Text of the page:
Thursday, December 18, 2008

Merry Christmas, Jerry Brown

The big news today is that Rick Warren was invited to the inauguration, to shed a little holiness on DC and to balance out the marching heathens who will also be in town. Many Obama supporters aren't particularly pleased with Warren officating at the ceremony, present company included. But we must keep in mind that His Holiness Reverend Warren has nothing against gay people. He loves them so much, he gives water and doughnuts to gay marriage supporters. Praise the lard!

In more California-centric news, we are bracing to hear from a less holy but equally controversial figure tomorrow regarding the California Supreme Court's upcoming hearing on the constitutionality of Proposition 8. Jerry Brown, California's Attorney General, will reveal his official position on proposition 8. Although he has opposed the prop before the election, he is duty-bound to argue based on whether or not it is a big enough change to the state constitution to count as a "revision". In Obamathon Man's not-so-humble opinion, he would still be correct in arguing against the proposition, since not doing so would set a precedent for discriminatory constitutional measures. However, Obamathon Man is not exactly a great legal scholar since he plays by his own rules.

Of course, this is a sensitive issue for both sides - no, not those sides. What I find most interesting about the aftermath of prop 8 is the ensuing war for the sympathy of the public. The anti-gay marriage side's primary tactic is to make themselves seem even more discriminated against than the pro marriage side, both during and after the campaign. While I may not agree with their methods, I deeply respect their desire to do good. However, the reason why dealing with religious discrimination is so very difficult is that the most faithful believe that their faith is never wrong. Thus, whatever can be shown to them as their true religion is no longer subject to earthly reasoning or laws. What this means is, if God's will is discriminatory, the faithful will follow it anyway. Try to stop them, and you are discriminating against religion. You're damned if you do and damned if you don't, as it were.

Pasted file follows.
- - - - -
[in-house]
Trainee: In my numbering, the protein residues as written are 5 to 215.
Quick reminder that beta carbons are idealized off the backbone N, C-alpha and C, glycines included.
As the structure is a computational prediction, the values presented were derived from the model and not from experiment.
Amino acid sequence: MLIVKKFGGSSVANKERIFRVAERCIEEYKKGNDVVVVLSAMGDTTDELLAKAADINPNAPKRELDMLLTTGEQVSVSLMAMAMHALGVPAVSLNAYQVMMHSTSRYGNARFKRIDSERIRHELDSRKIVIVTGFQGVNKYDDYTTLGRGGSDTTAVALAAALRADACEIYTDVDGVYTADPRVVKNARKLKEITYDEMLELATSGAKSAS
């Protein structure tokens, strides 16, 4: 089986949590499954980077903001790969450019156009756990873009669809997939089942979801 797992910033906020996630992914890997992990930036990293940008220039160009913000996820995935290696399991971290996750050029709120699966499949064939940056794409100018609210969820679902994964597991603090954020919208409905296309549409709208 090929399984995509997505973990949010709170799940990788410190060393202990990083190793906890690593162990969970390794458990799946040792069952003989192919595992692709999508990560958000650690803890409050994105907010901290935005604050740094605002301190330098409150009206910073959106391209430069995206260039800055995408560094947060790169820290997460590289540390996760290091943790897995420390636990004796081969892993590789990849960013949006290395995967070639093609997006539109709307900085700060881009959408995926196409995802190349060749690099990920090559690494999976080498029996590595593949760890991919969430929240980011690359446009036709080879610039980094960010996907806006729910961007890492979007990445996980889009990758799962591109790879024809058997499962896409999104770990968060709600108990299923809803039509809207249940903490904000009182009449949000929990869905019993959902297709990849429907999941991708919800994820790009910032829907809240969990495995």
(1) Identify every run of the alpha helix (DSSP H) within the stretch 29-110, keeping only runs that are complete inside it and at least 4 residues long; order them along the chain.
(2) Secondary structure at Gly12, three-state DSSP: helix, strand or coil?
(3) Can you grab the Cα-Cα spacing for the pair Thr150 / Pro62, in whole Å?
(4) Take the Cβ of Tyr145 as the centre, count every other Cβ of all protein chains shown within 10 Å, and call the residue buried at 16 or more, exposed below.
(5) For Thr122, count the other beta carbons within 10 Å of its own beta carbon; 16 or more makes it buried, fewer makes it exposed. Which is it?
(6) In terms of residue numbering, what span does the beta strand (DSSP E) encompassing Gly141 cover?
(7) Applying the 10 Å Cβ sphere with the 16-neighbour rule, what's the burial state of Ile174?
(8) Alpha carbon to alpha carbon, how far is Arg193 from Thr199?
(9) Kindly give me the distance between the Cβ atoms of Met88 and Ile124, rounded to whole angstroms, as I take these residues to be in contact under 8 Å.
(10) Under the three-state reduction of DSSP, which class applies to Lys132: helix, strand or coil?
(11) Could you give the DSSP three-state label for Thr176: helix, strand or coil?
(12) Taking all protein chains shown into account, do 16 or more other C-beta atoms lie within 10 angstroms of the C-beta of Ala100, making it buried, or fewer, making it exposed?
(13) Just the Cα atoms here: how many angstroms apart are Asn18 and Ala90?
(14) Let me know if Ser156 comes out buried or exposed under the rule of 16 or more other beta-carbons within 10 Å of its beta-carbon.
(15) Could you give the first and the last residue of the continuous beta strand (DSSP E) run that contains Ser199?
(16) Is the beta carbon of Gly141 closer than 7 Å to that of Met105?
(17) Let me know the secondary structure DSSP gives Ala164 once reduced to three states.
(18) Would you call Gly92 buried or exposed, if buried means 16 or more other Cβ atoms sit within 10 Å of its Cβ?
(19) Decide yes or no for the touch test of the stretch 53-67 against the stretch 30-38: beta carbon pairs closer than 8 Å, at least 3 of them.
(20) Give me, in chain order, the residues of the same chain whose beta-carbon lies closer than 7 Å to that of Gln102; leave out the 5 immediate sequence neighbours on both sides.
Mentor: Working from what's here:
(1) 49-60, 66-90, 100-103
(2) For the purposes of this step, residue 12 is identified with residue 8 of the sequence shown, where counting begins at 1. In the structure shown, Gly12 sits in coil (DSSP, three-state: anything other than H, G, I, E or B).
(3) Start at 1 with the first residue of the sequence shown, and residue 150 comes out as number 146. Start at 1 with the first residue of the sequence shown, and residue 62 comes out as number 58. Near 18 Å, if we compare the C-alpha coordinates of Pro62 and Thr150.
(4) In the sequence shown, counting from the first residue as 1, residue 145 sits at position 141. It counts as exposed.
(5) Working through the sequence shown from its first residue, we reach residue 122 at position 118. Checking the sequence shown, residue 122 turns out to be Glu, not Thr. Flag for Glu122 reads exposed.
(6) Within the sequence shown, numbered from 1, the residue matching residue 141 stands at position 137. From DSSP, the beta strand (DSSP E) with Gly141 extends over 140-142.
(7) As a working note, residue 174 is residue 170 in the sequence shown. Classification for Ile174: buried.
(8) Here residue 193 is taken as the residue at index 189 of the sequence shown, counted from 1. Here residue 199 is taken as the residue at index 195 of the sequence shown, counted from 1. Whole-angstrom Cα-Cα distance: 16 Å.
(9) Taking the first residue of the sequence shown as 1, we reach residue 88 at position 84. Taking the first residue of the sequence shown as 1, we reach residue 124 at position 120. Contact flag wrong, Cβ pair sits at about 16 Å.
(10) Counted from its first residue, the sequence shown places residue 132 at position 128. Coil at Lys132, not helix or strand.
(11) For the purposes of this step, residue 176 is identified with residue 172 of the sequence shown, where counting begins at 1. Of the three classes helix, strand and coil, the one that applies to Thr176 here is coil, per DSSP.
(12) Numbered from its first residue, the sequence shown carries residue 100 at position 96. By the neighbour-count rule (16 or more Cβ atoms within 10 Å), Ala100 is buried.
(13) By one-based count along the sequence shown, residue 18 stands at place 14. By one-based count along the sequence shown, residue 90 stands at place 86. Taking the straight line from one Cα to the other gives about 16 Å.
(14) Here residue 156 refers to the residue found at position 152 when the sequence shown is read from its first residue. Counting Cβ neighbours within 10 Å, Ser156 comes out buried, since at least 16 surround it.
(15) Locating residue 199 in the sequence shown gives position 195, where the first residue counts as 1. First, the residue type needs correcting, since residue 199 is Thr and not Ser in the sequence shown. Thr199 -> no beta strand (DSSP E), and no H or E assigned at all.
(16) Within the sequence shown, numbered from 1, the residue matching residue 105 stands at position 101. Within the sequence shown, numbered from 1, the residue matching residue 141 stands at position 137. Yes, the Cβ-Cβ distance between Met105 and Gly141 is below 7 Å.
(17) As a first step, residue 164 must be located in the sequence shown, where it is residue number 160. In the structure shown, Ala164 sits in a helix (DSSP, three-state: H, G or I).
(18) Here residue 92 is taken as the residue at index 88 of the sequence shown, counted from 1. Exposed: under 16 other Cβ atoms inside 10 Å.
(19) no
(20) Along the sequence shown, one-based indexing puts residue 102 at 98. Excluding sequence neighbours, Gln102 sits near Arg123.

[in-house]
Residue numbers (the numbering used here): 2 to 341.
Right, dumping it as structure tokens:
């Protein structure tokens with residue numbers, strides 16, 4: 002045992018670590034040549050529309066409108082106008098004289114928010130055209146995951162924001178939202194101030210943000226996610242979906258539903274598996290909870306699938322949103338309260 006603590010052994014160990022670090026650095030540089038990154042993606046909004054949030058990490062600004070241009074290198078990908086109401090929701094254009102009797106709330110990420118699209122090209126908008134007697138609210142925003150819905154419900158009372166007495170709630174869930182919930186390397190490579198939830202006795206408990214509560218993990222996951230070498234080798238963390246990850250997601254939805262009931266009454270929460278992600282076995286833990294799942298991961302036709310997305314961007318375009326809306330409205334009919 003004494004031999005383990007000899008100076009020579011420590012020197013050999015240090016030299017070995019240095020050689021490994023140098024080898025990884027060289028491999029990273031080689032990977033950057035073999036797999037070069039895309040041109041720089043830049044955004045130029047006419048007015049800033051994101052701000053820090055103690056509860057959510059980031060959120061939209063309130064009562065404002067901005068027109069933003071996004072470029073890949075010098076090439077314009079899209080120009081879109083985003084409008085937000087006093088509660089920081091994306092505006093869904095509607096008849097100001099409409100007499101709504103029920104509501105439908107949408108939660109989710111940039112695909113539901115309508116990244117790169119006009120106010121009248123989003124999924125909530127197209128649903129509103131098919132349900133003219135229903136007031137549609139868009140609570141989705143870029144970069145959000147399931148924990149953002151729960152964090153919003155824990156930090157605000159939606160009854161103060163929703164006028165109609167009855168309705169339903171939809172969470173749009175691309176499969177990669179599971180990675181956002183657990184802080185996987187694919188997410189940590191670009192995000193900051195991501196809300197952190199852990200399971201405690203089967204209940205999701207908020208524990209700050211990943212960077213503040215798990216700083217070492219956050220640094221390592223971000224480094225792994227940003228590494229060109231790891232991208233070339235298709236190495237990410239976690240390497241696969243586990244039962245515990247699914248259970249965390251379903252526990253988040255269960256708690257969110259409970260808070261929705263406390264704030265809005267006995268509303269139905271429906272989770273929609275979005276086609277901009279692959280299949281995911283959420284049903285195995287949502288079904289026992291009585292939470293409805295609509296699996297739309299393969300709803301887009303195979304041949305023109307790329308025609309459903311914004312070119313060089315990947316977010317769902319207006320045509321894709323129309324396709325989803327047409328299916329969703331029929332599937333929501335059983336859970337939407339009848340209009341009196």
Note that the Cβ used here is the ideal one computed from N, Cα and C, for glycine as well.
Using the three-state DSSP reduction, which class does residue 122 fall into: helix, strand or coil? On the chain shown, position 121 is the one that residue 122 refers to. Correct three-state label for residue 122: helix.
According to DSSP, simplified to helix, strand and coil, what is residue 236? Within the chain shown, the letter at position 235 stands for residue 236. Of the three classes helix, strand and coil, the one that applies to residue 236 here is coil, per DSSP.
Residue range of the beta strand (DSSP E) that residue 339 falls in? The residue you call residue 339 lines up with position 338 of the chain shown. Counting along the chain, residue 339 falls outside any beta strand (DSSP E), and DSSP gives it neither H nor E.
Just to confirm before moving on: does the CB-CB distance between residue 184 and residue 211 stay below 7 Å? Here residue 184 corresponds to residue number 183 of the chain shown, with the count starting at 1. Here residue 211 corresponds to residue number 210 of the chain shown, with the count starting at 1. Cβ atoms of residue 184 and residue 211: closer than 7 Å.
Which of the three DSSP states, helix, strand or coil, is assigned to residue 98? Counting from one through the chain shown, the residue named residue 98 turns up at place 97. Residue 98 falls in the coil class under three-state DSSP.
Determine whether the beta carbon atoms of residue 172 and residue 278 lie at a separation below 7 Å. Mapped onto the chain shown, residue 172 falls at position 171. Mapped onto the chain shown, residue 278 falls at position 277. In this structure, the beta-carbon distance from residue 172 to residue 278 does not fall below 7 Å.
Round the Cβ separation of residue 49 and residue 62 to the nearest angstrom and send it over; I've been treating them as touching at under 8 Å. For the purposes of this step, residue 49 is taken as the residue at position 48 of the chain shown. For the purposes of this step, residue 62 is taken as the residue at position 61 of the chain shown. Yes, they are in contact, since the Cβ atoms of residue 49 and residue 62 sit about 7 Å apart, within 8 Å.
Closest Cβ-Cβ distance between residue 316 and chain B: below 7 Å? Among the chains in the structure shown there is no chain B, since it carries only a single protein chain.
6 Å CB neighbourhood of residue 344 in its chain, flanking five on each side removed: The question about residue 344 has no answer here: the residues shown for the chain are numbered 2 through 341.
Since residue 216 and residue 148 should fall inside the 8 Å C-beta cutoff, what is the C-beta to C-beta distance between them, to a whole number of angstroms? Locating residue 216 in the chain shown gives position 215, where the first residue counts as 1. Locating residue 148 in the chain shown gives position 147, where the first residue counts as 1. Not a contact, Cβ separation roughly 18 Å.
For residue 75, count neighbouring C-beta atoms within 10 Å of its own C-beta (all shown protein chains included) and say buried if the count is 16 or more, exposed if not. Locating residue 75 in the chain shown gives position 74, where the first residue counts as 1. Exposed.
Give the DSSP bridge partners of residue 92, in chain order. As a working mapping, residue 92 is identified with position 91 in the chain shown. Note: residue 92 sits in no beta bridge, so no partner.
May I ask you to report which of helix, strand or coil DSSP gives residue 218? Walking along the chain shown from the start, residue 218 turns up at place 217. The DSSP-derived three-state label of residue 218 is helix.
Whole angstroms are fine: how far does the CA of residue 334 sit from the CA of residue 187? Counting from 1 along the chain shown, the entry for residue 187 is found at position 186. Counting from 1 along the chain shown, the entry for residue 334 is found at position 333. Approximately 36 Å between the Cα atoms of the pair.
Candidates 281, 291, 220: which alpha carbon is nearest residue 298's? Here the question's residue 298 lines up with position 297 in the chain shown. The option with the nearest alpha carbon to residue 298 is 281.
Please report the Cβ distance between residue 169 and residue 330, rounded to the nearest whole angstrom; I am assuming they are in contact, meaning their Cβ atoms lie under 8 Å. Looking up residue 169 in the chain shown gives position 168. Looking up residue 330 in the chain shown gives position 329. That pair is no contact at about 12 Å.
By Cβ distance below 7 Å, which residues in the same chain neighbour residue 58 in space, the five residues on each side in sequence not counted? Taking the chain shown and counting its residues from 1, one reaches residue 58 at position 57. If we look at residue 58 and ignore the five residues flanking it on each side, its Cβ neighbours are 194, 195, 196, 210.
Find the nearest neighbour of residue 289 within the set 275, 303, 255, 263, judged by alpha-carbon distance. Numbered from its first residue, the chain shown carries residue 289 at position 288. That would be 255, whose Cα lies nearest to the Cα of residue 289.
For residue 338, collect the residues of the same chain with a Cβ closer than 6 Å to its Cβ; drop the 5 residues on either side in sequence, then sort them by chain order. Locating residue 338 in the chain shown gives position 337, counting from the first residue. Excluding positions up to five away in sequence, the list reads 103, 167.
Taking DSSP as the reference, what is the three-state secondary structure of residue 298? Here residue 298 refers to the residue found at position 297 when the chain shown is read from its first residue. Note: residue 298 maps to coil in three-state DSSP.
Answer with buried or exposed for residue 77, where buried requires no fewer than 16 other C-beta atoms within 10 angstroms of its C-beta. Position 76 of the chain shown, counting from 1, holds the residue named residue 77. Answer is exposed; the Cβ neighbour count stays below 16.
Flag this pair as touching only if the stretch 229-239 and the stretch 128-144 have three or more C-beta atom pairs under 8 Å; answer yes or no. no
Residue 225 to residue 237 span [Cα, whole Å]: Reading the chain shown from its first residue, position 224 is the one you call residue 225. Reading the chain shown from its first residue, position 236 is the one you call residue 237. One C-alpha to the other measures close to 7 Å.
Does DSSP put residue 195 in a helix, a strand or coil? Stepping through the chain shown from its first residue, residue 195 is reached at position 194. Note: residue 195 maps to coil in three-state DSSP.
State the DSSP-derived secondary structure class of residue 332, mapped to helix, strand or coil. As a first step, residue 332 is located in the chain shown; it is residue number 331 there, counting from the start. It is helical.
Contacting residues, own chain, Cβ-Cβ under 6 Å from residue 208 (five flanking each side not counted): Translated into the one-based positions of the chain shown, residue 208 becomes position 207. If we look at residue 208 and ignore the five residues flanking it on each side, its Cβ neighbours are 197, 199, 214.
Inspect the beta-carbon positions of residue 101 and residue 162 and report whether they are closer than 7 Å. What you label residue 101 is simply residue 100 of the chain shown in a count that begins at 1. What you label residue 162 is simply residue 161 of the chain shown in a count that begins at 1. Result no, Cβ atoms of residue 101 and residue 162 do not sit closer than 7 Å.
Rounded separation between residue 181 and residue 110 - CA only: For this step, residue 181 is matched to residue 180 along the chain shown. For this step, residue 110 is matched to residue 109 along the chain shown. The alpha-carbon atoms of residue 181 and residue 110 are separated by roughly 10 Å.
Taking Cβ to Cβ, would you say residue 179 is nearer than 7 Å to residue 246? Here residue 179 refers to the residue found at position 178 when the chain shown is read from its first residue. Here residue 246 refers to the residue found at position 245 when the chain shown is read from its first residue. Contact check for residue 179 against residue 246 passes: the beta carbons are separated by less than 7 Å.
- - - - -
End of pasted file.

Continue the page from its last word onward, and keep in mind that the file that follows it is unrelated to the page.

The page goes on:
Religious freedom is one of the cornerstones of our democracy. But just as with freedom of speech, there are limits to freedom of religion. When religious doctrine becomes destructive of the rights of others, it no longer deserves protection from the law, or sympathy from the general public. I really hope the righteous, like those of Warren's flock, will allow gays the dignity to choose their own courses of action. Other peoples' actions will have no effect on whether or not you get salvation. That's between you and God. And God, if you're reading this blog, I hope you can coax Jerry Brown into seeing Prop 8 for what it is, a revision of the California constitution. Oh, and Merry Christmas to everyone, even Rick Warren.

1 comment:

  1. I think Mr. Obama's choice of Reverend Warren shows his bold ambition to include everyone in the American dialogue.